This scary image changed in 1850 with the publishing of the children’s book Sint Nicolaas en zijn Knecht by school teacher Jan Schenkman. Much of the current Sinterklaas tradition derives from this picture book.

It describes Saint Nicolas as a dignified old gentleman from Spain. This saintly man (goedheiligman) was stern but friendly, arrived in the Netherlands by steamboat, kept a book of naughty and nice children, and rode his brown horse on the rooftops at night. He also had a young, nameless Black helper who would help him give away presents.

The book was hugely popular and remained in publication until the early 1900s. The reprints added more details to the story. For example, the Black assistant became known as Black Pete (Zwarte Piet), and the Sint wouldn’t punish mischievous children anymore; Black Pete would do that.

From the 1950s onwards, Sinterklaas slowly transformed from a stern old bishop to a sweet and approachable children’s friend. Nowadays, his character is of someone a bit clumsy and forgetful, yet sharp-of-mind and quick-witted.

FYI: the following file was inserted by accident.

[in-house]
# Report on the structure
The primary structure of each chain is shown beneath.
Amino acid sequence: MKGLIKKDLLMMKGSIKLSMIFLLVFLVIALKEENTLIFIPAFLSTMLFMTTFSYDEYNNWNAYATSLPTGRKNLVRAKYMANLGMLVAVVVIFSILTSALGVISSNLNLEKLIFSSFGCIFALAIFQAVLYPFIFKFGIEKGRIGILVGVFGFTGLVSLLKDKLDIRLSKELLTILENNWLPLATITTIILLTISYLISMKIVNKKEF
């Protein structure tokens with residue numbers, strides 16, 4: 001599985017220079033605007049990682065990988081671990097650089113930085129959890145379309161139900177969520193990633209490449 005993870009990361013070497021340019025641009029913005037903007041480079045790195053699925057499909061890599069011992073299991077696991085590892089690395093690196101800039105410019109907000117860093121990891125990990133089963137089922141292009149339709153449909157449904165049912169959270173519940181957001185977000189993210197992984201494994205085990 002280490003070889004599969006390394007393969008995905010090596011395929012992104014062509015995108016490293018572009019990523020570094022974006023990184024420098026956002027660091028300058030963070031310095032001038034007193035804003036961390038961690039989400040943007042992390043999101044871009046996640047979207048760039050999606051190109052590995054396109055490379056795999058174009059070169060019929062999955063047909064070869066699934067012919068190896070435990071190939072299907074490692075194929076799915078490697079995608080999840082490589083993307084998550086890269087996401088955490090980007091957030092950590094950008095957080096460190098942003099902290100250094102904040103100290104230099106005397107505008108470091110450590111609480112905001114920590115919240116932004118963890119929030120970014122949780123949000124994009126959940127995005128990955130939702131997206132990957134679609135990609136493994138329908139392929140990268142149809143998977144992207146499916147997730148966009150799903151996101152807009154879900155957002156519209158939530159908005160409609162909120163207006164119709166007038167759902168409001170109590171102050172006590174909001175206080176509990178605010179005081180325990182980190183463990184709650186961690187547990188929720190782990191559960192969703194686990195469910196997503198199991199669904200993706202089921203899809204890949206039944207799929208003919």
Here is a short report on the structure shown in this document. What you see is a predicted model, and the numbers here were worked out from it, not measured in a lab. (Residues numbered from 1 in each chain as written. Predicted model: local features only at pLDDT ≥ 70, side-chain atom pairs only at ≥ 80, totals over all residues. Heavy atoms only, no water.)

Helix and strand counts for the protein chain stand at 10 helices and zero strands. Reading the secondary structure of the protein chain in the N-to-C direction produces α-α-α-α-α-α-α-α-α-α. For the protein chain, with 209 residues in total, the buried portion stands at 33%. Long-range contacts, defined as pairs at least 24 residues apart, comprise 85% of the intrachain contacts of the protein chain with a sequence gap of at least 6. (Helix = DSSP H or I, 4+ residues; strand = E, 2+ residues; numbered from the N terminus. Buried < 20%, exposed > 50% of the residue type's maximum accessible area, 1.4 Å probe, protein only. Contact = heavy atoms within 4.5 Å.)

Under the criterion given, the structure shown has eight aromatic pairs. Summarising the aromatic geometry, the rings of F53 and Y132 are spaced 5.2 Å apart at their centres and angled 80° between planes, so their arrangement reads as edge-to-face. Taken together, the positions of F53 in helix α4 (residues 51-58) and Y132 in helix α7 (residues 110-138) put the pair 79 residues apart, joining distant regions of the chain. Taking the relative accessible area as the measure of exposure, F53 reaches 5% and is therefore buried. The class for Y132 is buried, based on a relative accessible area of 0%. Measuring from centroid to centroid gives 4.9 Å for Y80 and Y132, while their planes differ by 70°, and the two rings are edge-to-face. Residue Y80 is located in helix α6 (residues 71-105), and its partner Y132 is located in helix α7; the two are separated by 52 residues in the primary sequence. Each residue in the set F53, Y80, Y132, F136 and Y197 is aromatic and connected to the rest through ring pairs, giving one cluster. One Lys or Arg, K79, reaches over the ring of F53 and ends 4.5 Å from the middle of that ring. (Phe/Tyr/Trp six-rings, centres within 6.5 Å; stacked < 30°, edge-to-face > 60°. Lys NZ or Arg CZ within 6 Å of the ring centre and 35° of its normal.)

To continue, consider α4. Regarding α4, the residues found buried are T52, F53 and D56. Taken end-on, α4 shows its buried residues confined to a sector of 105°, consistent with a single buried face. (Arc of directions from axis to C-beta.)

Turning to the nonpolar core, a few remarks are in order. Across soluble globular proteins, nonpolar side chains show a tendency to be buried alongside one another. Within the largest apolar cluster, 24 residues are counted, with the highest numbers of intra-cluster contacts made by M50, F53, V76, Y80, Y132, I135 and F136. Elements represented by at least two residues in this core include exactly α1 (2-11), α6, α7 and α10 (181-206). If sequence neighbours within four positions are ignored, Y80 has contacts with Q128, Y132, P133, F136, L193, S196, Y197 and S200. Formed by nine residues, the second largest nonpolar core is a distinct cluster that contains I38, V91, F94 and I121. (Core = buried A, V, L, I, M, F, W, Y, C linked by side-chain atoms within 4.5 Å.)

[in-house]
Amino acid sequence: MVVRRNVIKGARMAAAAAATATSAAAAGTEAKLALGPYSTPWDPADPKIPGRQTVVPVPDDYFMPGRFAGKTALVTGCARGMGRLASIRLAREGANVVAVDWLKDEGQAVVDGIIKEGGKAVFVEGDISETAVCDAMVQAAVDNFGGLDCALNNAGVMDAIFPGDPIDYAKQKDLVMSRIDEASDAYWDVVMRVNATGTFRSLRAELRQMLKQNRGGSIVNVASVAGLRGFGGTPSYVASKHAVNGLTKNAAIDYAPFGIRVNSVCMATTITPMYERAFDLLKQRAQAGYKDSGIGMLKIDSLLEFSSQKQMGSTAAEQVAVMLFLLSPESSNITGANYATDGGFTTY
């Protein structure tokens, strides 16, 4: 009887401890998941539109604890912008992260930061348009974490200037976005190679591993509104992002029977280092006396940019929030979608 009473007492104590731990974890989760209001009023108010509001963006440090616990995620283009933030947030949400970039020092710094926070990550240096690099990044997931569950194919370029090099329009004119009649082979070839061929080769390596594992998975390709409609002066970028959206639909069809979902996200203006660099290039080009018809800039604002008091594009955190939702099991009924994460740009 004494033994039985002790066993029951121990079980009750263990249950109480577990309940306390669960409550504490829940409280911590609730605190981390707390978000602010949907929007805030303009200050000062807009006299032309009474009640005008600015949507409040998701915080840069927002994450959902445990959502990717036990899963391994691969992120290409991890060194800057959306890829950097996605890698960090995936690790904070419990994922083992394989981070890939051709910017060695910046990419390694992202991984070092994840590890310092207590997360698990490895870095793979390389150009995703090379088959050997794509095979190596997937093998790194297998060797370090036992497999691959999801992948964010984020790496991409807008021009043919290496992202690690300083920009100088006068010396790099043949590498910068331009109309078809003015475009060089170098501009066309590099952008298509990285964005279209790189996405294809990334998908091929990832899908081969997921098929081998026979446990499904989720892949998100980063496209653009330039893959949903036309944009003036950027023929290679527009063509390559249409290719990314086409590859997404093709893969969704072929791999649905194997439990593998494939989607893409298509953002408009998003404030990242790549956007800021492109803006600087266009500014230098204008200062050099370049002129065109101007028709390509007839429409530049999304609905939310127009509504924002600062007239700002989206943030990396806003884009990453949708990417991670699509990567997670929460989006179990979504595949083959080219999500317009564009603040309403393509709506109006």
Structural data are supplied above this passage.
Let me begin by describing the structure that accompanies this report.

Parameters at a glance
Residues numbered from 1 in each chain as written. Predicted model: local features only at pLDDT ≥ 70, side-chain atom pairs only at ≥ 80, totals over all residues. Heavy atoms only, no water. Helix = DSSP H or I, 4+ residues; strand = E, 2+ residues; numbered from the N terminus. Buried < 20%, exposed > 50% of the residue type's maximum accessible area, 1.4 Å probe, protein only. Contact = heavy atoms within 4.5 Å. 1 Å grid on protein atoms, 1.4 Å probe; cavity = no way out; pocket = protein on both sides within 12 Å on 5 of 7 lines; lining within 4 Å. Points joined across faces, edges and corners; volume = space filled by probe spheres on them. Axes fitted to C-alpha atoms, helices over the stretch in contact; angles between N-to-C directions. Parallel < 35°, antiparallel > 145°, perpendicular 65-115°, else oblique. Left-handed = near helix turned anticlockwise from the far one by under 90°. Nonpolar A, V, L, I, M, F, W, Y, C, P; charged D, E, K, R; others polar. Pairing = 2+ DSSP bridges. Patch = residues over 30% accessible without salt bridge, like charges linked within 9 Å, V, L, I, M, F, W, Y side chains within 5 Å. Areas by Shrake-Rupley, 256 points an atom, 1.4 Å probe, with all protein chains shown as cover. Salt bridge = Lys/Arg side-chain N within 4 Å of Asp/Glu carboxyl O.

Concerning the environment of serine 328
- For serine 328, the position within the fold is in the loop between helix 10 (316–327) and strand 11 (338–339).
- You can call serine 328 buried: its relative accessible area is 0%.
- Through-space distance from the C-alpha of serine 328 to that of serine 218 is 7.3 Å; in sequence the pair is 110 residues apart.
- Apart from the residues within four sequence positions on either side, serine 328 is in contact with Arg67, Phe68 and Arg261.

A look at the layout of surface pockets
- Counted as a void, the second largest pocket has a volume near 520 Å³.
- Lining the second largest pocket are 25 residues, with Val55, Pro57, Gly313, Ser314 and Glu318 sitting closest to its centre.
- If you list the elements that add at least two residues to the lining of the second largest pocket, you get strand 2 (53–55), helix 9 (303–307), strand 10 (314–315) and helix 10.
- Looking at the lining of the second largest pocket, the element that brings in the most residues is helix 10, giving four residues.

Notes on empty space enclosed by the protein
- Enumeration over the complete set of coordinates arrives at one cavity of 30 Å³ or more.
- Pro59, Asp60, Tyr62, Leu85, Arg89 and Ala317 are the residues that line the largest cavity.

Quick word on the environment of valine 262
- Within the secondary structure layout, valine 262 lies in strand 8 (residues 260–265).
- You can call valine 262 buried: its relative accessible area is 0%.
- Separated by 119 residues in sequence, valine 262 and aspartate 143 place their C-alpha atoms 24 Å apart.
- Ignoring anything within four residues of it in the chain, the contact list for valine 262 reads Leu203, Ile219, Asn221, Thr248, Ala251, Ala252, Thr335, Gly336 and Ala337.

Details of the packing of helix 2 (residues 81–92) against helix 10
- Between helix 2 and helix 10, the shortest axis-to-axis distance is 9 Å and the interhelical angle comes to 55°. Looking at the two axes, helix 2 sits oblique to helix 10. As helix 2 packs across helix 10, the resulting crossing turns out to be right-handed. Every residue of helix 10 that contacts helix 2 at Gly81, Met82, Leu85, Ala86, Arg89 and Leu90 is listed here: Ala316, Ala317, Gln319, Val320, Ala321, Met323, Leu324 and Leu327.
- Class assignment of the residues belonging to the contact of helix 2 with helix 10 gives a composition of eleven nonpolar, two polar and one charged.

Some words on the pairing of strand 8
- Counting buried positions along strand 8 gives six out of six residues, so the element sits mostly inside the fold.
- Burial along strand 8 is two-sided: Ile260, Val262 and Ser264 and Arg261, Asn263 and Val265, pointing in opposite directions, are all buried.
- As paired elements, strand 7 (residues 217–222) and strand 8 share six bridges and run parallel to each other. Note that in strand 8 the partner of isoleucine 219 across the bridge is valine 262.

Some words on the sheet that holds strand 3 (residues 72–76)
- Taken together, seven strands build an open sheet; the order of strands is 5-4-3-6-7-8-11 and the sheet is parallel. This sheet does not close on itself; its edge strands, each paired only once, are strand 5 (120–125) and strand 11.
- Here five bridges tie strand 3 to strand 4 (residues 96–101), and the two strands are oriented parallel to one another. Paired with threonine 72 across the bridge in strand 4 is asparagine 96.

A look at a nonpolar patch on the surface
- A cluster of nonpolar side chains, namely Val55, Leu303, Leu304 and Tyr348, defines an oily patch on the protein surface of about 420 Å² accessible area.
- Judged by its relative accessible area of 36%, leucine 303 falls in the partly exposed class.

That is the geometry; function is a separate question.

What does he look like?

Sinterklaas is a tall white man with a slim build, long white wavy hair, and a long white beard. He has twinkling eyes and is usually jolly in a very Dutch, down-to-earth kind of way.

His traditional dress is that of a bishop, with a purple under-dress, white over-dress, white gloves, and a red cloak. He also wears a tall red miter (mijter) with a golden cross and carries a long golden staff with a curl at the end.

The Saint usually holds a book (or a Pete close by to hold the book) in which he keeps track of all the children in the Netherlands and Belgium – whether they were good or bad, their addresses, family members, and what presents they received previously.